Five Questions to Get Answered Early

In my recent readings and work with small businesses I have developed a list of five questions that a consultant should get answers to as early in prospect relationship as possible. Once you are hired (or have invested in a long-term sales cycle relationship) getting these answers provides little to no value.

  1. What is the purpose of their organization?
  2. Are they looking for an expert, a pair of hands, or collaborator?
  3. Are you being hired to potentially blame someone if it goes wrong or to reduce chance of it going wrong?
  4. Do they view this purchase as an expense or an investment?
  5. What is the state of their employee restrooms?

Hat tip to Wayne Schulz for the last question.

Thoughts on Pricing with Confidence

Executive summary (and Amazon.com review)

image Reed Holden and Mark Burton’s Pricing with Confidence makes the complex topic of pricing strategy understandable and usable to businesses of all industries and sizes. Many of the examples are easily transferrable from one industry to the next. Their approach is logical and rational and can be adapted to a sole proprietor with an entrepreneurial idea to the largest of companies. The only thing, I severely disliked about the book was the poker analogy which runs throughout the book. Business, unlike poker, is not a zero-sum game. I understand the analogy they are trying to make, but, in my opinion, it detracts from the overall value of the ideas presented.

Important ideas in the book

Develop and offer options. Having at least three options with different value propositions positions the organization to make fewer concessions during negotiation. When a prospect balks at price you can always direct them to a lower cost, but lower value (to them) option. Companies should establish a “walk-away” price for your lowest priced option. This assists in making sure you do not take on a bad customer.

Create a good “fence” between options. A fence is the way to protect one option from the other by providing a clear trade-off of price and value between the options. Well developed fences will make sense for both the customer and provider. The most utilized fence strategy is bundling. When you bundle, if a customer asks for a break down, you should explain that while you could provide that for them, the overall price will be higher.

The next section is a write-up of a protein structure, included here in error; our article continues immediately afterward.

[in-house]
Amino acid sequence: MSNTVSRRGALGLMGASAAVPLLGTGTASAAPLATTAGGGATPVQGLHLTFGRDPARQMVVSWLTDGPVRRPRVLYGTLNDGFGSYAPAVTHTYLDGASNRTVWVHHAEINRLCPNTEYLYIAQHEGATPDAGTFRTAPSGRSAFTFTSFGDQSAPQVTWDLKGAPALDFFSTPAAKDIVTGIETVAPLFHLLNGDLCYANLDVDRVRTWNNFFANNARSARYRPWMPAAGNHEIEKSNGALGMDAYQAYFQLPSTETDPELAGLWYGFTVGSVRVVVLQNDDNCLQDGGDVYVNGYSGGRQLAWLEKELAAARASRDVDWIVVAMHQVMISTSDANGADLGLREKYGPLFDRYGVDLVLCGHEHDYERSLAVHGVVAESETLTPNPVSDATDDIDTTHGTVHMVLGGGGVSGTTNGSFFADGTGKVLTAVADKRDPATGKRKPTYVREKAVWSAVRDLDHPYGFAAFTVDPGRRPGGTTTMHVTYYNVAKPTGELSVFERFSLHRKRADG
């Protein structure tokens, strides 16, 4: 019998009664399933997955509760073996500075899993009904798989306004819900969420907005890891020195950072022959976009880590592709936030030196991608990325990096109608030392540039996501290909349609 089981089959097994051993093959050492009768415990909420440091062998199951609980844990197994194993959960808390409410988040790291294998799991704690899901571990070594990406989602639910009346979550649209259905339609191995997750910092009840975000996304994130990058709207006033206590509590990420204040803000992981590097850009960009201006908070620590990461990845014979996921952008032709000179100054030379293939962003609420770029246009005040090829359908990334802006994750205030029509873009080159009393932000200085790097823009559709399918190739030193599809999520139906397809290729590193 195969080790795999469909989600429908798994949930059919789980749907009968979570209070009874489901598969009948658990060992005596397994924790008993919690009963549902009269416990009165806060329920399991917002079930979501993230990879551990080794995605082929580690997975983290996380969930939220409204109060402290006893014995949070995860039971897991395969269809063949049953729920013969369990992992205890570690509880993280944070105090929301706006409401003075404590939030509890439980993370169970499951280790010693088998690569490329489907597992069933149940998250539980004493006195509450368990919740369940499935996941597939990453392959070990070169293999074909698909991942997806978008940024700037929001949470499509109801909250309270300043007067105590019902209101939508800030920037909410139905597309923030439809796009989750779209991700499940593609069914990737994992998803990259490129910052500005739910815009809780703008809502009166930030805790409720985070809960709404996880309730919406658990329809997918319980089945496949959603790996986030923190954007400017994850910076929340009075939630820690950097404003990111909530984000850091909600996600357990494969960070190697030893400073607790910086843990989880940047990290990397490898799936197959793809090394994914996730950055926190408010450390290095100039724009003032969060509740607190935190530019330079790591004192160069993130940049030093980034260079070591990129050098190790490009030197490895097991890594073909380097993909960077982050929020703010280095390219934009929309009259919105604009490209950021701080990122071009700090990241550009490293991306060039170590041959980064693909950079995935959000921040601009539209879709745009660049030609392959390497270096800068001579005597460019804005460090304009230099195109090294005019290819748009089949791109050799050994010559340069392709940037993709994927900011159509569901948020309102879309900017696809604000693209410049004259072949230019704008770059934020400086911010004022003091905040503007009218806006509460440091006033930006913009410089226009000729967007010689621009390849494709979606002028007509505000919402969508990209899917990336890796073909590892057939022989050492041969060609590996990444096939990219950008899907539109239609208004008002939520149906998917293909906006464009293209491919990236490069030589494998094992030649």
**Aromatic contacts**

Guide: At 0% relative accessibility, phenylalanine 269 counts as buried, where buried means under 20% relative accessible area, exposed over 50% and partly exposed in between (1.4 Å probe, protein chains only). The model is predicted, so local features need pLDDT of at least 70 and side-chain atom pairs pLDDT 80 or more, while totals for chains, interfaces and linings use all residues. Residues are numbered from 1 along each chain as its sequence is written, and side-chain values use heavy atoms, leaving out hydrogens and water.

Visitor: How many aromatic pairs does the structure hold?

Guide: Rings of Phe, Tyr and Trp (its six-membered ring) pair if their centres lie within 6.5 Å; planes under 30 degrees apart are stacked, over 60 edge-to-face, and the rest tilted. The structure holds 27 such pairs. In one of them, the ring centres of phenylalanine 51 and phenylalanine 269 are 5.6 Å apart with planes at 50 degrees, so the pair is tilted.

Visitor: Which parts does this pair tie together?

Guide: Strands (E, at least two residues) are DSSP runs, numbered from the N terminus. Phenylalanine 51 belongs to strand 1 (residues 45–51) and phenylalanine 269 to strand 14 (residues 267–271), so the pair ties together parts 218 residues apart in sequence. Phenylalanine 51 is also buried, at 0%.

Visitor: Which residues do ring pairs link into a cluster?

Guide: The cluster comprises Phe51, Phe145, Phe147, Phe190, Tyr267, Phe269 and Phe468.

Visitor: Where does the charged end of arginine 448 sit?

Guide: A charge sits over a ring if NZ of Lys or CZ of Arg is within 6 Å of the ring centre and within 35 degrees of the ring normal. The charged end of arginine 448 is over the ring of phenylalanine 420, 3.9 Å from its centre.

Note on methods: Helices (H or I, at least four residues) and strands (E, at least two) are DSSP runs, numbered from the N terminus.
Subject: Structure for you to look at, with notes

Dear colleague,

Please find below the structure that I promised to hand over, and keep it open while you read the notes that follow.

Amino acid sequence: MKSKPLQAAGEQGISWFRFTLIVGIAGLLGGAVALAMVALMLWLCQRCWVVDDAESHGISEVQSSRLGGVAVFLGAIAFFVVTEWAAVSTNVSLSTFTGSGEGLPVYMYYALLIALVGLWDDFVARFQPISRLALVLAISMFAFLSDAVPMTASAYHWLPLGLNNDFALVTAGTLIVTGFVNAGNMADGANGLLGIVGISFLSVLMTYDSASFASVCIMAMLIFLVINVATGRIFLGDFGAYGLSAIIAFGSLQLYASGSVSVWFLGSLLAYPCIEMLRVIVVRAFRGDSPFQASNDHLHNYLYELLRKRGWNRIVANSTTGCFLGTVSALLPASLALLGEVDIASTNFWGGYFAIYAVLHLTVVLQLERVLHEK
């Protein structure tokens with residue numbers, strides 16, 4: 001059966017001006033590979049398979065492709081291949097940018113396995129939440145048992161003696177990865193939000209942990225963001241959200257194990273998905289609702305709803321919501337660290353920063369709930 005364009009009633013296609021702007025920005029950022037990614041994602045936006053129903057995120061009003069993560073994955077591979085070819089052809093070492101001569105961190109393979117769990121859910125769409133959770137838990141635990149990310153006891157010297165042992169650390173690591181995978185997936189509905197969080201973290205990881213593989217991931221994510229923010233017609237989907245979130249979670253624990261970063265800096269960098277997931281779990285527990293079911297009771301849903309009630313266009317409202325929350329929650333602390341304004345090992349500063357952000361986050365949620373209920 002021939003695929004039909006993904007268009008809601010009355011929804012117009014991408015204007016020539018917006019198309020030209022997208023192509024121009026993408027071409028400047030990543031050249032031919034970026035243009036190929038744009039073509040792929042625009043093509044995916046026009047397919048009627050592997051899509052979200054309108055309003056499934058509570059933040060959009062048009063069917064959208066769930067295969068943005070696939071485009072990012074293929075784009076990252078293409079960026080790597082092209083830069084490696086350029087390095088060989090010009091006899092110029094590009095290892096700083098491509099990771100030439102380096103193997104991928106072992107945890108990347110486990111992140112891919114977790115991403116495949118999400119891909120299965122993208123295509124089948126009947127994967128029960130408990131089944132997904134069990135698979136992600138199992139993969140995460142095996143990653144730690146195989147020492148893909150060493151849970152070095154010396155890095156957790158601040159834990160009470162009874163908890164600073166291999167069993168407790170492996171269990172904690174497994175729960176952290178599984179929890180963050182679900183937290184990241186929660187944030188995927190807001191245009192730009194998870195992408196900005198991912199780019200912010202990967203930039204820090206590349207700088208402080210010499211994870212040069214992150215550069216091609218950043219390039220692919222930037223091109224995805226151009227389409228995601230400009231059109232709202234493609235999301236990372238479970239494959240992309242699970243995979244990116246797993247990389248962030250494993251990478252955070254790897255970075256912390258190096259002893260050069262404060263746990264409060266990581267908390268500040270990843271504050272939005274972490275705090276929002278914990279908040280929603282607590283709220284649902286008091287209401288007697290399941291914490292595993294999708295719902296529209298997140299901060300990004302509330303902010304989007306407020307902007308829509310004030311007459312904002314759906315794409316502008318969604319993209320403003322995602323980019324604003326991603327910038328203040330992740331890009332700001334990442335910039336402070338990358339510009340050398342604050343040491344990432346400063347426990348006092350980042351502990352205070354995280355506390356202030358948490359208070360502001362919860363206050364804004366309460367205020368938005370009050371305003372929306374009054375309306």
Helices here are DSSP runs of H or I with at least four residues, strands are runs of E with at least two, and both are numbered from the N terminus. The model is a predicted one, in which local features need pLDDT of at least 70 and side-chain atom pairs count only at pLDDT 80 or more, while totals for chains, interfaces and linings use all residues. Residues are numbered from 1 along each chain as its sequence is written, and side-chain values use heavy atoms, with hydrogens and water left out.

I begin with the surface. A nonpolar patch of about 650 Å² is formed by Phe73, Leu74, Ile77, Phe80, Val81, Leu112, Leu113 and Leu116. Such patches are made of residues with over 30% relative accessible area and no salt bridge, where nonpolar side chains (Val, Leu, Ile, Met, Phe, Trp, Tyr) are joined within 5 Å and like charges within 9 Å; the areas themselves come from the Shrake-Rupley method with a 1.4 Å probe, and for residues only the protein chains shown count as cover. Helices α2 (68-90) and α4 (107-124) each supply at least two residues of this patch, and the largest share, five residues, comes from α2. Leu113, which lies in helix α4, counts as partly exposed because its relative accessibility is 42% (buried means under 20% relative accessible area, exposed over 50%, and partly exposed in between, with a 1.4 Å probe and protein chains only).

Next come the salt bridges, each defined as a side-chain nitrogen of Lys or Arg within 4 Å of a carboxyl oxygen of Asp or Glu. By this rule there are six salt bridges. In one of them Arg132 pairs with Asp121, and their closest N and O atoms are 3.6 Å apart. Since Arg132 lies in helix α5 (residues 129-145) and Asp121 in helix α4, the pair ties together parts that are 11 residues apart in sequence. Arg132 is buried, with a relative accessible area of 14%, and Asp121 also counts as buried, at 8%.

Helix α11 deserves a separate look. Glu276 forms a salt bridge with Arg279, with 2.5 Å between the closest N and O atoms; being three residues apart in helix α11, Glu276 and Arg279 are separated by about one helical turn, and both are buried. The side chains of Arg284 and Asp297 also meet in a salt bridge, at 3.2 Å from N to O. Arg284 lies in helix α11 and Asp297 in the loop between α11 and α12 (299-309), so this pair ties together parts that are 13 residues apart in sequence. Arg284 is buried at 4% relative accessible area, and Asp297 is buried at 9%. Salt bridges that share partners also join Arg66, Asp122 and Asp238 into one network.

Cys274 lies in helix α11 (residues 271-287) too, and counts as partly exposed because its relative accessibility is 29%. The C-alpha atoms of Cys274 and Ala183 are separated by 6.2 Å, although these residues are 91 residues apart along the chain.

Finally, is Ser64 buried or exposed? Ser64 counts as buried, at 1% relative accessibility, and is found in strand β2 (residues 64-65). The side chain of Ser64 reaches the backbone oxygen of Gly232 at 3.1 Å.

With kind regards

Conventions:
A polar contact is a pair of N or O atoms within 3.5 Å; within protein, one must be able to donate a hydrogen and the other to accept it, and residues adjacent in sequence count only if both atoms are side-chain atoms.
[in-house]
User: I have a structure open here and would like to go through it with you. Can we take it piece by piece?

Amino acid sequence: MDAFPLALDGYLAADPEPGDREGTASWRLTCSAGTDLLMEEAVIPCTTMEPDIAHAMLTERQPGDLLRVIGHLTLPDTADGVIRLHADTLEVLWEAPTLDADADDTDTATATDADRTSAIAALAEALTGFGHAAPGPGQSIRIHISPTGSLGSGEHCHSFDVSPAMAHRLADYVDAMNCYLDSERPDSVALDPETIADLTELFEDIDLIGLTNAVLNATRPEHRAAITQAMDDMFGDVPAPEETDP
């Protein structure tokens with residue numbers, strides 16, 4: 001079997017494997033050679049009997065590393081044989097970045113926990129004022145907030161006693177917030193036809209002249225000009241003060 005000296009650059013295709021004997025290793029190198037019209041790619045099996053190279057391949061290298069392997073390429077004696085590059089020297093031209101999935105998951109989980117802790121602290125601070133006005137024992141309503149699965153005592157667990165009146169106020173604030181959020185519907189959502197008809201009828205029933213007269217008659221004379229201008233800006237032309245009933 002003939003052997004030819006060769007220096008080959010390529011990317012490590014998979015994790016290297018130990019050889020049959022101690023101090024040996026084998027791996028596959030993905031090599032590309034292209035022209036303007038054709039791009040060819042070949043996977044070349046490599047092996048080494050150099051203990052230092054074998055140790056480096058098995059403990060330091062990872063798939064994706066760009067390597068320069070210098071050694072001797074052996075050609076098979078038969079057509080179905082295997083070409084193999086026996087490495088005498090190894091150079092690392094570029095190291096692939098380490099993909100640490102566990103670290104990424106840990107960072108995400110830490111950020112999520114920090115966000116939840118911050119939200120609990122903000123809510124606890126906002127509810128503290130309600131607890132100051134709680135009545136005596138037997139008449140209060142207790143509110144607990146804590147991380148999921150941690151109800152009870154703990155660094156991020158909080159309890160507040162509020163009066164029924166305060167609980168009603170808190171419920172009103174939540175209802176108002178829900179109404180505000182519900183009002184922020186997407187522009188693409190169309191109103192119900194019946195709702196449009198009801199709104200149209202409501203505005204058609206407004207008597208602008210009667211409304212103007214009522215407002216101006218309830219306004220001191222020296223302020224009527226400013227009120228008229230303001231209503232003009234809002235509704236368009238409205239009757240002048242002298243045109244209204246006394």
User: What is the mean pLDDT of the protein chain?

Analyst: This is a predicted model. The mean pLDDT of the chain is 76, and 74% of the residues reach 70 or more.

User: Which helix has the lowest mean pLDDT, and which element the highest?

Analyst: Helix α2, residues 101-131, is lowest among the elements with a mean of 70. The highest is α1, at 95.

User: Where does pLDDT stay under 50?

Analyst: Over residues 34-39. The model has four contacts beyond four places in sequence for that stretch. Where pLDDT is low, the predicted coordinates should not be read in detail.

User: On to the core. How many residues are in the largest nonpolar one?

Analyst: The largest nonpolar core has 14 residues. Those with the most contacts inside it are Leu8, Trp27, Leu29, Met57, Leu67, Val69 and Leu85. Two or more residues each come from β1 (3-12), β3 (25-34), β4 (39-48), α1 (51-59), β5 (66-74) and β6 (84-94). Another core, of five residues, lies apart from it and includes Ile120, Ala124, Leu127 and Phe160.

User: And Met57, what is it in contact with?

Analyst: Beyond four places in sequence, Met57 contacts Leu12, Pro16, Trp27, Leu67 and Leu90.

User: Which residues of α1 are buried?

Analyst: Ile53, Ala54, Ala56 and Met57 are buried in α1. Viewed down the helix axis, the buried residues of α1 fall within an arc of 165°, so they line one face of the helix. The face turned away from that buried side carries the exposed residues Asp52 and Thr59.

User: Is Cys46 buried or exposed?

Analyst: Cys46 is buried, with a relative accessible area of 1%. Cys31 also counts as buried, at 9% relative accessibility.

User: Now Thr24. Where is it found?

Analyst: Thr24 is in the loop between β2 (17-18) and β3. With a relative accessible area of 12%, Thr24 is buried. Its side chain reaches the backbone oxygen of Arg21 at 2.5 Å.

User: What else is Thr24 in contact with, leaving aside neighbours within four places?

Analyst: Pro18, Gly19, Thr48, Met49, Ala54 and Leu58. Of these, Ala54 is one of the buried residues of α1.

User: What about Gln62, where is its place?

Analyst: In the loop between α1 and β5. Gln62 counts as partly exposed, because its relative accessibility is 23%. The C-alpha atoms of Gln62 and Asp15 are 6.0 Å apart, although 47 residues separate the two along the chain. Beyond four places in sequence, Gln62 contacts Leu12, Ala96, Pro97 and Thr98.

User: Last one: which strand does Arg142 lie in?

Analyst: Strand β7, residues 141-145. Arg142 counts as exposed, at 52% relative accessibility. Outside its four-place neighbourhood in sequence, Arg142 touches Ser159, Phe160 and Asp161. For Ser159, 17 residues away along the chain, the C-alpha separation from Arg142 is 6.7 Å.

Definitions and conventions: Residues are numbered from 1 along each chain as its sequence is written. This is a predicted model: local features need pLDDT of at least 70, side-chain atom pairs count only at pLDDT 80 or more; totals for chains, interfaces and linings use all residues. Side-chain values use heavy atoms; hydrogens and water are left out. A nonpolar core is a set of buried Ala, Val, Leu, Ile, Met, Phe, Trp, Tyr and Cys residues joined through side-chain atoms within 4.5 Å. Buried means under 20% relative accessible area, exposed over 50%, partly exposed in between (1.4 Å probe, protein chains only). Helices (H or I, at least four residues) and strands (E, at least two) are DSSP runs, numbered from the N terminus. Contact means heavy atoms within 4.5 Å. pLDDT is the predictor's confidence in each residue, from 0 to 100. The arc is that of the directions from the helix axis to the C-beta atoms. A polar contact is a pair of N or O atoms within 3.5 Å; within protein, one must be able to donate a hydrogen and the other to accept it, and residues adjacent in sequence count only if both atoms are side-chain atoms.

Setting price is one of the most difficult decisions leaders and managers can make. The strange thing is they often delegate it to others including allowing competitors to be a large influence on price. Price competition (price war) can only work during the high growth phase of a business’ life cycle. At any other time, price competition is never a sustainable business model. Lowering price is the least sustainable competitive advantage.

If you discount to meet the numbers, you will inevitably kill your long-term profitability. It should not come as a surprise that few businesses (if any) have ever created a long-term profit strategy around discounts. Discounting demolishes the self-esteem of the sales force to the point that they themselves begin to question the value of the very products and services that they are selling. This is poison to an organization.